CHARLESTON, S.C. (AP) — South Carolina, after tens of millions of dollars in tourism losses due to this month's historic rains, is working assure visitors that the state's coast is open again for fall vacations.
Myrtle Beach, Charleston and the state are mounting media campaigns with television, print, Internet and social media letting visitors know tourist destinations are open, as are the roads leading to the coast.
The theme of the state campaign gearing up this week and featuring a television ad voiced by Gov. Nikki Haley is "Our Coast is Clear." The state will also use the theme "Want to Help South Carolina? Take a Vacation."
The coast is the heart of the state's $18 billion tourism industry, which took a hit when as much as 2 feet of rain fell in some areas earlier this month. The rain first caused visitors to cancel reservations and then, when skies cleared, flooded roads made it hard to get to the coast.
State officials estimate the disruption caused the industry as much as $10 million a day.
Hotel occupancy statewide last week was down 8.4 percent compared to a year ago. In the Myrtle Beach area it was down 19 percent, while in downtown Charleston and the city's West Ashley section it tumbled 25 percent, according to figures from STR Inc., a company that tracks tourism trends.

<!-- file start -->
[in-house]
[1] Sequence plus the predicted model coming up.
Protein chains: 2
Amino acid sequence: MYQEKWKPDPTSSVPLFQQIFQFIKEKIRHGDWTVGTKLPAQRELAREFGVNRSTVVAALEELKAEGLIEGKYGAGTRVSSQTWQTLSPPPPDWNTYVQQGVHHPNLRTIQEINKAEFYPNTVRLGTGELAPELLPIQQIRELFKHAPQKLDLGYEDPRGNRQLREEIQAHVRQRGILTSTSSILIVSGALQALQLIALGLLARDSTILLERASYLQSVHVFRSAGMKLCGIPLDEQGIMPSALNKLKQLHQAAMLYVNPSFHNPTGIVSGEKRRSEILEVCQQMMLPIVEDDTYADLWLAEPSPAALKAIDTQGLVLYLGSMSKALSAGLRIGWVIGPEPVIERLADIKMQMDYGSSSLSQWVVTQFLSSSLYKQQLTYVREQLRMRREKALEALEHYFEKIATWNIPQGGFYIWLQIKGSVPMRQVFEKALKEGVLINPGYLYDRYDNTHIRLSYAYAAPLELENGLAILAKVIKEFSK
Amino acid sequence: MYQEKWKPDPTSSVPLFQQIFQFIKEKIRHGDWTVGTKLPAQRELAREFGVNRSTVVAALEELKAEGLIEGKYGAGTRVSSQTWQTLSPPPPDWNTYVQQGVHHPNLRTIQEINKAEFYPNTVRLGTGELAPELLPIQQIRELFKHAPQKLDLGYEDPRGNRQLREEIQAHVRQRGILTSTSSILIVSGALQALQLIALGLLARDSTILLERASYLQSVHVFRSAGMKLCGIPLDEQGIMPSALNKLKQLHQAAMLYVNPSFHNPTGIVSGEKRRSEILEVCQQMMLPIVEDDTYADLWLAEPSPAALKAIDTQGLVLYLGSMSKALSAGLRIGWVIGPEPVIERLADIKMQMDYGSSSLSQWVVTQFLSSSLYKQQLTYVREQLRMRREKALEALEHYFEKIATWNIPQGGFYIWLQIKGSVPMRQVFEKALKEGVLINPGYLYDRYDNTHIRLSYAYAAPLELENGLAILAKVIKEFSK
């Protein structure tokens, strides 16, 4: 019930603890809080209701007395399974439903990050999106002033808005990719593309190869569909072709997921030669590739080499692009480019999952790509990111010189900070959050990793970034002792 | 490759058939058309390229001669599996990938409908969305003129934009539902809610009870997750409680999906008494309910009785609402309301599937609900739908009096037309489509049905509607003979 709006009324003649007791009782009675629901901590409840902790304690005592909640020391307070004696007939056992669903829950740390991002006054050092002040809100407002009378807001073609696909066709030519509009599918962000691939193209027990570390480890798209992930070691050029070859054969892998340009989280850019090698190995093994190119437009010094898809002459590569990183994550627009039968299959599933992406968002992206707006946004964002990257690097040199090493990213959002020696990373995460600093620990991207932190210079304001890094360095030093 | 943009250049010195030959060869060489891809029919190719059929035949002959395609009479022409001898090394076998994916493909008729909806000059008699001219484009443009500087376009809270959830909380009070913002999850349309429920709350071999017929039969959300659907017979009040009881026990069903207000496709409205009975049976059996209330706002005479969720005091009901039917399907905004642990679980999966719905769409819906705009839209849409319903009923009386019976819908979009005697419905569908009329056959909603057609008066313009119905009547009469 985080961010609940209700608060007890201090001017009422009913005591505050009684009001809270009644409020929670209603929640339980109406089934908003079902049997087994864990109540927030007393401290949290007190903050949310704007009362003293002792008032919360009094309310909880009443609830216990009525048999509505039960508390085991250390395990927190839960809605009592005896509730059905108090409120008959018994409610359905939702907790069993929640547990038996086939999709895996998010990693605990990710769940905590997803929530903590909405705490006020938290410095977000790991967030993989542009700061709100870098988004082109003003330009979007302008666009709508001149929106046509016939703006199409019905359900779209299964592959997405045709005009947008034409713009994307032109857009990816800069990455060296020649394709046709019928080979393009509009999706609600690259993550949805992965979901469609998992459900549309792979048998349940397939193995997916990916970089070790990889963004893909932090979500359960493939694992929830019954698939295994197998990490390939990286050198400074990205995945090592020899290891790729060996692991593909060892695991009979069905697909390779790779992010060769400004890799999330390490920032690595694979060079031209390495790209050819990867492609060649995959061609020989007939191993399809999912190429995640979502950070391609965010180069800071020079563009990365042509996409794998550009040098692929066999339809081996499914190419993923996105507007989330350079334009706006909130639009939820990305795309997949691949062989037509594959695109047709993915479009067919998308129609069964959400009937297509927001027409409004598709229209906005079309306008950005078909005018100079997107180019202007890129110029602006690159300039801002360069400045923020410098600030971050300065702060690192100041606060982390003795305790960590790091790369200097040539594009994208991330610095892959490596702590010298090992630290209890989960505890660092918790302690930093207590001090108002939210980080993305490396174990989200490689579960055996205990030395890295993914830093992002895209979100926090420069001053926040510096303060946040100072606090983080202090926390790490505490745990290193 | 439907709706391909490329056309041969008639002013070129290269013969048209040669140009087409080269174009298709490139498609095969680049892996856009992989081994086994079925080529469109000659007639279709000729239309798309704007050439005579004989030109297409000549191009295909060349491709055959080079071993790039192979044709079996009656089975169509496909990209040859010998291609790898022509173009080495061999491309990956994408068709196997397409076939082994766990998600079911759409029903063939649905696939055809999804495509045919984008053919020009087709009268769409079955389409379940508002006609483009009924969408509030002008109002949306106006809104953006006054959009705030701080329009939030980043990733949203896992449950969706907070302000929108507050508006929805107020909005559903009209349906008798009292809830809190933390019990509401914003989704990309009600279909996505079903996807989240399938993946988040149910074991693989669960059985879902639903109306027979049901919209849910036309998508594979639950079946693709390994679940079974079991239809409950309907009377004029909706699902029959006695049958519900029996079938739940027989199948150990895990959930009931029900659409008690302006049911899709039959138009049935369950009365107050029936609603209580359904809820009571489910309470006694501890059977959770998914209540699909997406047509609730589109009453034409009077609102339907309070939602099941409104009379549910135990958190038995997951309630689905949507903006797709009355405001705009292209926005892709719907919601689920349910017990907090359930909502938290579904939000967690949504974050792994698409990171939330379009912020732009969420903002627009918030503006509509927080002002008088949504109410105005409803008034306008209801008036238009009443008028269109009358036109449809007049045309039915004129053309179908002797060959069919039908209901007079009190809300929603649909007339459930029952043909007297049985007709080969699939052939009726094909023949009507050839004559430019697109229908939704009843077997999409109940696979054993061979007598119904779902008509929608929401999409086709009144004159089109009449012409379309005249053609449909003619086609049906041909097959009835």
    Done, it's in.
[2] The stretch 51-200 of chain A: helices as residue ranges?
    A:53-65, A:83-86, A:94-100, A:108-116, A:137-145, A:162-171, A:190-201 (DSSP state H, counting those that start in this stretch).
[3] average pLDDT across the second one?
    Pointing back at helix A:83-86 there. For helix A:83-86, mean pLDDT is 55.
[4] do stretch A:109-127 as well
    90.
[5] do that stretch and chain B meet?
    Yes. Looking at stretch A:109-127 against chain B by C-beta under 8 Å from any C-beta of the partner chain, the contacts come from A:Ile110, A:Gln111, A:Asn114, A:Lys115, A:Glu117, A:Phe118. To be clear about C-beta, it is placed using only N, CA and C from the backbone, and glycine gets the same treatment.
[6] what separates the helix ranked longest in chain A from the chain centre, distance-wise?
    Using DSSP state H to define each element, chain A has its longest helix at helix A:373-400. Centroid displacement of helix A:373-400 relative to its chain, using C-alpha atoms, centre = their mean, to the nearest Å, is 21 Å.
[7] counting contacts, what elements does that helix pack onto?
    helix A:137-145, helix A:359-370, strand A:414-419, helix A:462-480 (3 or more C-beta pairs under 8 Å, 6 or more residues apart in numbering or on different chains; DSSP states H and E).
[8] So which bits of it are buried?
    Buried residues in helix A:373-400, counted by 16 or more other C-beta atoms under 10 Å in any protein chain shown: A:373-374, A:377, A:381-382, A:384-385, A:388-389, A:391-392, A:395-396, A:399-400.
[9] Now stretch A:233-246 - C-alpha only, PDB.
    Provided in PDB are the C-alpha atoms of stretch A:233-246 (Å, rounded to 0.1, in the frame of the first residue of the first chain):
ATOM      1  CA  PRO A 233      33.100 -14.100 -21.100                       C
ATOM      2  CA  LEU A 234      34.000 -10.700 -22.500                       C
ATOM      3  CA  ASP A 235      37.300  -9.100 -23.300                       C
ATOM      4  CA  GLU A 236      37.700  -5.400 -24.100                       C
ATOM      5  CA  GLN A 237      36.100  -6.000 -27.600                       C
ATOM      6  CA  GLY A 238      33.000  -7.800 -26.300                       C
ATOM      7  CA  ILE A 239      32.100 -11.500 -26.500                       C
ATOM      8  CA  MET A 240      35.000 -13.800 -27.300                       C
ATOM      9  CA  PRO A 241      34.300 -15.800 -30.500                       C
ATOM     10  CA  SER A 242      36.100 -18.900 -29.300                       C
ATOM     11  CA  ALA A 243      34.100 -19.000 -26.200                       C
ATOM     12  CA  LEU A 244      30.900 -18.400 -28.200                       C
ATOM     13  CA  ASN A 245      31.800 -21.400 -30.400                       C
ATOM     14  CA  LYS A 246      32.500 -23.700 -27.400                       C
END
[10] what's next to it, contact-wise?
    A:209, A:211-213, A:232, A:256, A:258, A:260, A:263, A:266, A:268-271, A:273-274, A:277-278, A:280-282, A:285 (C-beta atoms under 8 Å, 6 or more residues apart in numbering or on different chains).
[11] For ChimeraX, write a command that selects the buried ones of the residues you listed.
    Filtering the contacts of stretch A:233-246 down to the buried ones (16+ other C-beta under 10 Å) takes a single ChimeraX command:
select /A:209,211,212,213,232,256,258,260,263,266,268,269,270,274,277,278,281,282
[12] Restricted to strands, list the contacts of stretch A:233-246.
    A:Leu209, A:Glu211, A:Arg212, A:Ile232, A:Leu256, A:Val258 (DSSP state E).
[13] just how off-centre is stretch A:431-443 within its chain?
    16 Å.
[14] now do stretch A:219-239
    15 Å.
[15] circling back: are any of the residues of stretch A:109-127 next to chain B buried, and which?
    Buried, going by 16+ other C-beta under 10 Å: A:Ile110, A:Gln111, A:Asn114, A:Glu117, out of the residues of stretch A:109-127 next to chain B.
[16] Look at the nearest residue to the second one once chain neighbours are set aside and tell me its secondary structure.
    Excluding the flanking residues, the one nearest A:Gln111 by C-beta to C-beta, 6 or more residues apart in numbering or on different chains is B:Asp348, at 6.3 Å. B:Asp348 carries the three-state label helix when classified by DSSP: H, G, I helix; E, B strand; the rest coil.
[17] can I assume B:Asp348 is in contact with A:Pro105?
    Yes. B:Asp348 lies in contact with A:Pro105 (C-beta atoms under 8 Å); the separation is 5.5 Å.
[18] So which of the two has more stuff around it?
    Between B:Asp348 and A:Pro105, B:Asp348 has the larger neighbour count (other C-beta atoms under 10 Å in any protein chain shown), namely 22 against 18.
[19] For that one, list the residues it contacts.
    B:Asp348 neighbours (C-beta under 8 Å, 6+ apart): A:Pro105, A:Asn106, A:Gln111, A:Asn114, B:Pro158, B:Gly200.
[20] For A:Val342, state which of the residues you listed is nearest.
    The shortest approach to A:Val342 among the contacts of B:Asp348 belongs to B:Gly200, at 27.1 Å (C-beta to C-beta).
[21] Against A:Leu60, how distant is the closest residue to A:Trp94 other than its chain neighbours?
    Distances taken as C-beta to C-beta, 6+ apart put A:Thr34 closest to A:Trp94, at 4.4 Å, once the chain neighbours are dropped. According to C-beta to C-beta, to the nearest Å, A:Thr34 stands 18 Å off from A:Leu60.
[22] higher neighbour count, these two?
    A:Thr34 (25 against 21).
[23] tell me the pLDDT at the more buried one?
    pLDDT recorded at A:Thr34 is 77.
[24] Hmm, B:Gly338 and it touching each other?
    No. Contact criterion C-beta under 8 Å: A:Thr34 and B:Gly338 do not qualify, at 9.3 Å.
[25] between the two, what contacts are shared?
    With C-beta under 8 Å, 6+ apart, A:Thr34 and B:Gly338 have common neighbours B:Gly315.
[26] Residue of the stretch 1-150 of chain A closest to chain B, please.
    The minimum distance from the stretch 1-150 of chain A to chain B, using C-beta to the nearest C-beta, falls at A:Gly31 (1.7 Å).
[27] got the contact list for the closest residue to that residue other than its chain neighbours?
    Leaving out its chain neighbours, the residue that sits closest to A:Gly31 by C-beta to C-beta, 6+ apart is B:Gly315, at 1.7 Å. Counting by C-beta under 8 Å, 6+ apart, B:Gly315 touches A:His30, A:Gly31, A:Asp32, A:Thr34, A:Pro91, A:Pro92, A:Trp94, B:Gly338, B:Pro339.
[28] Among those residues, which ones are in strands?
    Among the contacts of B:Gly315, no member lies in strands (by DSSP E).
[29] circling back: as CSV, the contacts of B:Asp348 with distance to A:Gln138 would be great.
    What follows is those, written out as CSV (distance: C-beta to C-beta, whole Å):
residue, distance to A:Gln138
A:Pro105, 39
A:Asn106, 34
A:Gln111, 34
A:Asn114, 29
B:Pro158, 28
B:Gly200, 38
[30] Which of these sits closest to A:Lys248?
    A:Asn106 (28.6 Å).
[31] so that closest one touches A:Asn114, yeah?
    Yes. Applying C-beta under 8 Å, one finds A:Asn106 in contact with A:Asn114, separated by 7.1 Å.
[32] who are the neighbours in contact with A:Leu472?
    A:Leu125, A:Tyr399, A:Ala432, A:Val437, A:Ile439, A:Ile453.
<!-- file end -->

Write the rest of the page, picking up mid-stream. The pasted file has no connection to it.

"Initially the question was: 'Are you open for business?' The answer was 'Yes,'" said Brad Dean, the president and CEO of the Myrtle Beach Area Chamber of Commerce. "Then the question became, 'If you are still open, can I get there?'"
"Seventy-five percent of our visitors travel on I-95 and that presented a challenge," Dean added. The interstate linking Maine and Miami was closed in the state for more than a week following the storm as bridges were repaired. It finally reopened completely on Tuesday.
Myrtle Beach is expanding a broadcast campaign in 70 markets, still urging people to come to the beach for a fall vacation. "But we tweaked that message to assure those who were considering booking that you can get to Myrtle Beach quickly and safely."
The state this week is replacing its existing ads with those for the coastal campaign.
"It's been difficult and honestly a lot of it is perception," said Duane Parrish, the director of the state Department of Parks, Recreation and Tourism. He said some of the media coverage made it look as though the entire state had been washed away.
"We've had groups cancel their vacations and we have even had people cancel in November," he said. The challenge, he added, is to let people now that the coast is in good shape.
"We really concentrated on letting people know that while we certainly had flooding here it wasn't the kind that damaged businesses," said Perrin Lawson, the deputy director of the Charleston Area Convention and Visitors Bureau. "The flooding downtown was more of an issue of access rather than damage."